Put up your feet and chill – we have your NestFlix roundup! I especially enjoyed watching DNF and Mr. North disagree over who gets lunch (Mr. North does not want to share, DNF!), a chunky squirrel sunbathing and eating, and a lovely Cardinal eating multiflora berries! It’s almost enough to make me appreciate multiflora (almost). Stay warm, everybirdie…egglets will be here before we know it!
January 18, 2024: Great Horned and Barred Owl calling – https://youtu.be/O2H6JIZj84g?si=er3onZE8bUddJr8g. The video opens with DNF peering into the darkness, her slumber interrupted by a pair of duetting Great Horned Owls. Listen for a slightly higher pitch from the female and a lower pitch from the male as the two reaffirm their bond. At 47 seconds, a barred owl joins the midnight chorus and DNF takes note! She remains on alert through the rest of the video.
January 17, 2024: Eagles Vocalize at GHOs – https://youtu.be/0_bZvPLcmhU?si=hvs75n0yc9J_t98E. Turn it down, kids! Mr. North and DNF react to a pair of owls duetting with vocalizations of their own. The neighborhood sing off goes on for a while as the owls duet and the eagles respond.
Like Bald Eagles, Great Horned Owls duet to reaffirm and strengthen their union, and to warn other owls away from their territory. GHO follow roughly the same chronological schedule as Bald Eagles, with egg-laying occurring in January or February. Great Horned Owls vocalize year-round, but duetting occurs primarily between January and March. Listen for more owls in the weeks to come!
January 17, 2024: A Cardinal and a Bald Eagle in a Snowy Nest – https://youtu.be/iXVYNelz4Gg?si=PHNTldqM–qiN9u5. A scarlet male Northern Cardinal feasts on red multiflora berries and DNF peers around her snow-covered nest, briefly dipping her beak into the snow before giving up on snow removal and flying out!
January 17, 2023: Squirrel at Decorah North – https://youtu.be/jgVDWfTzZCk?si=7uwWTTJIAK2VWL0P. A chunky fox squirrel suns, grooms, and eats an acorn, fur fluffed up and erect against the cold!
Where did the acorn come from? Fox squirrels cache food in fall and early winter: a valuable larder when snow covers the ground and food becomes scarce. This arrangement benefits squirrels and oak trees, since squirrels often cache seeds by burying them in the ground. Although squirrels have an excellent memory for caches, they don’t always retrieve them: they might become dinner, forget the cache (even animals with an excellent memory sometimes forget things), or not need the cache if winter is mild or their caches are plentiful. The acorn, snug in the ground, is a little safer from acorn eaters than it would be sitting on the ground or clinging to a tree, and gets a nice start on sprouting come spring!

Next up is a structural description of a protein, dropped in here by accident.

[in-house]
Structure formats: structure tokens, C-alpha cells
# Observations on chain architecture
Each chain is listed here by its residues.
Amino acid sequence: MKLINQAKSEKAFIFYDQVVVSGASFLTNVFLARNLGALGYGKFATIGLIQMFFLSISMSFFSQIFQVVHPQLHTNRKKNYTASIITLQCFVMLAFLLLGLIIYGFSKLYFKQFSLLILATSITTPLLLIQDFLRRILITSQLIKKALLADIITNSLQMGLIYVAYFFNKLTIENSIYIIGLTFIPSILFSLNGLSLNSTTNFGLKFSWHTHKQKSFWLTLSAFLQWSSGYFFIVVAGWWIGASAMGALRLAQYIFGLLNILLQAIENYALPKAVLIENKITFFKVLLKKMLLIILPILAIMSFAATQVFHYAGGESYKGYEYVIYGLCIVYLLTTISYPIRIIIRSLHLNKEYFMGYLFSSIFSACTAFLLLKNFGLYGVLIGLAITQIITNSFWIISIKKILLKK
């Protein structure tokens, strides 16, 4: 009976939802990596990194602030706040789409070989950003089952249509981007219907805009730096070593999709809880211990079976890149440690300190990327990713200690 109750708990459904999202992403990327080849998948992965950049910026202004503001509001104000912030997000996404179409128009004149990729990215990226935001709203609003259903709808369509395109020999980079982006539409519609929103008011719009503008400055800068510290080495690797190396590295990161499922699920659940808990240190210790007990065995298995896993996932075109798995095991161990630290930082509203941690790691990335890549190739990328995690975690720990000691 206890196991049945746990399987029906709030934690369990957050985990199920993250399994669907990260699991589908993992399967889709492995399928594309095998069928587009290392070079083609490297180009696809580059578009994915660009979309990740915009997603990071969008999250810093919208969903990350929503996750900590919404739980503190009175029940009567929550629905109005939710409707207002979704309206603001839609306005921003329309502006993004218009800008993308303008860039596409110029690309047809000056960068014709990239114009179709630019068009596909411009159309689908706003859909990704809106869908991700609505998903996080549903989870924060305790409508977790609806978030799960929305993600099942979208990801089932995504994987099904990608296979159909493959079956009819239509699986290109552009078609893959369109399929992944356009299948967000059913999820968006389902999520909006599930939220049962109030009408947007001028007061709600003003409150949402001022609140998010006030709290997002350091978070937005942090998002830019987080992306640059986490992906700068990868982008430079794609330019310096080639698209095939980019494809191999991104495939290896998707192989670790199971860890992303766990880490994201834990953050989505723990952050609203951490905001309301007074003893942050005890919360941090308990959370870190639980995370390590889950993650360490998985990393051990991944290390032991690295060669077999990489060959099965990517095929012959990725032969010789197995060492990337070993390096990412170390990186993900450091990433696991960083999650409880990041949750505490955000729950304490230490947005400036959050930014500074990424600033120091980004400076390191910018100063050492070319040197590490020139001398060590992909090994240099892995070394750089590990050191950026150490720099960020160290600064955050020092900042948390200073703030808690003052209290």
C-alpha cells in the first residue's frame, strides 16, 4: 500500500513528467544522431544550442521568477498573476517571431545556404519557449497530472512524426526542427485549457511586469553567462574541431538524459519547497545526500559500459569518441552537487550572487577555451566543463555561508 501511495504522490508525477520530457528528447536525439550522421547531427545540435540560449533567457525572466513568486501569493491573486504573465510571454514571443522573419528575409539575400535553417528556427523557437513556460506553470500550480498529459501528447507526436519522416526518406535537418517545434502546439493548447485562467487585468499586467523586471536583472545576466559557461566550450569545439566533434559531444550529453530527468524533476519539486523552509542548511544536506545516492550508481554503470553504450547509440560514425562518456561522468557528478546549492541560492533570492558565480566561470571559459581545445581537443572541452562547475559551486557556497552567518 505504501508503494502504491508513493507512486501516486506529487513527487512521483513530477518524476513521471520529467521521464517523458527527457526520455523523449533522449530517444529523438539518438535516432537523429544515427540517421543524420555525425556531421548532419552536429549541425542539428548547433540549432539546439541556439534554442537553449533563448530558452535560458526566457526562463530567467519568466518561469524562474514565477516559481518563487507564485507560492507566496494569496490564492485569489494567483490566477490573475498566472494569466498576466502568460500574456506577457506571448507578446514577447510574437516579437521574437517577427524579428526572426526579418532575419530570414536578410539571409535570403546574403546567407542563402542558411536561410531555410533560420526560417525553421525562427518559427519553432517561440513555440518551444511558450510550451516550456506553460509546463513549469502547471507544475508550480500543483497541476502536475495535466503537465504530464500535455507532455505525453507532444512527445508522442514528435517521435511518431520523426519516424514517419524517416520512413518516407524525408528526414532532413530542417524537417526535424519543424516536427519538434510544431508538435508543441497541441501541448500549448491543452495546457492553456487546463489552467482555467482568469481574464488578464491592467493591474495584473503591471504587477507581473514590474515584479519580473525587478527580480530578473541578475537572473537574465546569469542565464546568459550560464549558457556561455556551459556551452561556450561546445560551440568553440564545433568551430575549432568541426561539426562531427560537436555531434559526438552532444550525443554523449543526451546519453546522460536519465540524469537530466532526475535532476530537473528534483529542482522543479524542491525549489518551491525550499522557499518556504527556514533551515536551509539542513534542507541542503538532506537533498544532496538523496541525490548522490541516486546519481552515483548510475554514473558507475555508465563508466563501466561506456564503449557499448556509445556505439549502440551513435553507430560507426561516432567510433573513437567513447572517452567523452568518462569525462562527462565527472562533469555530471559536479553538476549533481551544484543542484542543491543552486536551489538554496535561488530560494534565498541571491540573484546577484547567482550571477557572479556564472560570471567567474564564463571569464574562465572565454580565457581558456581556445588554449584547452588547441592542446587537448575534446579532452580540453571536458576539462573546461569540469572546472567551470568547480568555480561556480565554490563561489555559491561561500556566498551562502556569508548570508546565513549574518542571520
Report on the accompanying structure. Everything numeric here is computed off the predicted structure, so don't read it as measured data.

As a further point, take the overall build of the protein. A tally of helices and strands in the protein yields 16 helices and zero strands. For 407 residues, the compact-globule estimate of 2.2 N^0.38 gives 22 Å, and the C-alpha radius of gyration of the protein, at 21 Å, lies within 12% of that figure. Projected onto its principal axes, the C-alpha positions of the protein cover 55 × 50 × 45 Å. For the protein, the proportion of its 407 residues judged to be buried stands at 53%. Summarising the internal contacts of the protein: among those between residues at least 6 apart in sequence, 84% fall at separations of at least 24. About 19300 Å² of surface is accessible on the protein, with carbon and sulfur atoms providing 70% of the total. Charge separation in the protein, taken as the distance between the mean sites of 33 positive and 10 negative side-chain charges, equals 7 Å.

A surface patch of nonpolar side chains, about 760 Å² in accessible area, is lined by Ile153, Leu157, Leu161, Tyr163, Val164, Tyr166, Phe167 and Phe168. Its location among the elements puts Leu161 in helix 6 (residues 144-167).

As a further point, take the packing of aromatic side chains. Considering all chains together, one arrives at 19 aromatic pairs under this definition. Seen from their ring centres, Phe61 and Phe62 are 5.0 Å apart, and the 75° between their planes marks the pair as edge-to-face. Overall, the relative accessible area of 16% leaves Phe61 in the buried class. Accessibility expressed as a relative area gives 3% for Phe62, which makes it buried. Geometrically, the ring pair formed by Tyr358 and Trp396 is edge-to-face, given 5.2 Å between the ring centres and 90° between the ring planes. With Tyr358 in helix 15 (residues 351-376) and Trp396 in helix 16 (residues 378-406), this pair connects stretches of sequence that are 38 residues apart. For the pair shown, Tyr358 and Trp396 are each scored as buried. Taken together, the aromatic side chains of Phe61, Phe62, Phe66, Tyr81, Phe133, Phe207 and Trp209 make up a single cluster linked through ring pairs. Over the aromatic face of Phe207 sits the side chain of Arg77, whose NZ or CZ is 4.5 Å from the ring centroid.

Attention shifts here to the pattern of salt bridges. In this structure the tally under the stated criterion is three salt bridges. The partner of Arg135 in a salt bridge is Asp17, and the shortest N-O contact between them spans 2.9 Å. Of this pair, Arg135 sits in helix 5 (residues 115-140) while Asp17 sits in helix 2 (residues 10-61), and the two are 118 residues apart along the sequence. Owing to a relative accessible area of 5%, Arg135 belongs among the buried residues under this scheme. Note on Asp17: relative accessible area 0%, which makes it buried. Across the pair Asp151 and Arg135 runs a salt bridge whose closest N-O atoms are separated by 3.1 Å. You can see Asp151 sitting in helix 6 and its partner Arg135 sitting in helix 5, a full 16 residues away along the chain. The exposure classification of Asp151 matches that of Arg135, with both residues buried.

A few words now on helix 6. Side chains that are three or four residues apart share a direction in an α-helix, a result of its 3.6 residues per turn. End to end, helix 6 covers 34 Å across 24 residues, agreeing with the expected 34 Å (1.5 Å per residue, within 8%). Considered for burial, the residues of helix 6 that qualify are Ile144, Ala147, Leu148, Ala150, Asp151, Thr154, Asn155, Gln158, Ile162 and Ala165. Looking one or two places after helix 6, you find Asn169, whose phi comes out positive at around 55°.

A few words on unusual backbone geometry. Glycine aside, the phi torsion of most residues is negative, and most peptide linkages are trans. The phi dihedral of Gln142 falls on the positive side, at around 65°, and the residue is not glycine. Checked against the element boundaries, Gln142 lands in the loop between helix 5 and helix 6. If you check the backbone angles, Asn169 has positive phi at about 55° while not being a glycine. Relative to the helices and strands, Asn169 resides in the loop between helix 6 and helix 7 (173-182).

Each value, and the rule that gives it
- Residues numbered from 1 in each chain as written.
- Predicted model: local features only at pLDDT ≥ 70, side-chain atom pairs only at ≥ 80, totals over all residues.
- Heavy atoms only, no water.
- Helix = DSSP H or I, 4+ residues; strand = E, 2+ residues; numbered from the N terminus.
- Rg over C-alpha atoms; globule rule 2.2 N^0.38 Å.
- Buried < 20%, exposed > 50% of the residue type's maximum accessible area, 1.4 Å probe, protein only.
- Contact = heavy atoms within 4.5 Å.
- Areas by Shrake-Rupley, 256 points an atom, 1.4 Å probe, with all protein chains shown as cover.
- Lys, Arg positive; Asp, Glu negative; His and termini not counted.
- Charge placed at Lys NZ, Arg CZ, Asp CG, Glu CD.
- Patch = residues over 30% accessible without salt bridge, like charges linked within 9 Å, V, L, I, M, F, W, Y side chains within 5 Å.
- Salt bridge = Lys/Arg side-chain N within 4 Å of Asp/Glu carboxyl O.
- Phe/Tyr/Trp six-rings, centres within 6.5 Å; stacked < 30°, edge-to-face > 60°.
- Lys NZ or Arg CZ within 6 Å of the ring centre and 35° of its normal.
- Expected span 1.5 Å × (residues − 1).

January 16, 2024: DNF arrives, Mr. not thrilled, but relents – https://youtu.be/JggB_64xt4g?si=tSVlRk3esnN3CO41. It’s a bright, cold, and windy day, and Mr. North has brought a meal to the snow-covered nest. But was it a gift? The video opens with him mantling over dinner. He snaps at DNF when she flies into the nest, clearly attracted by the sight of her food-bearing mate! He isn’t interested in sharing and drags his meal across the nest, where he mantles over it once more. She nibbles at some fresh nestovers while he makes his displeasure clear. Undaunted, she walks across the nest at 1:18 and takes his dinner by simply moving him out of the way. He flies over to the Love Branch while she finishes eating!
How do eagles cope with snow and cold? Follow this link to learn more! https://www.raptorresource.org/2024/01/20/flashback-blog-how-do-eagles-stay-warm-in-cold-weather/
January 17, 2024: Bieliki amerykańskie polujące na ryby (Bald Eagles hunting fish): https://youtu.be/MYrmWiE1Pa8?si=HVLWJ7BbS4WJAzV5. It’s time for a winter get-together! The upper Mississippi is finally sealing over and eagles are congregating around open water to fish, squabble, and roost in large mixed-age congregations. We don’t call them flocks, but this behavior fits every definition of a flock that I can find. Flocking is one way that eagles survive and even thrive in deep cold and snow, since eagles can roost together for warmth and find food with less effort than they would expend foraging alone.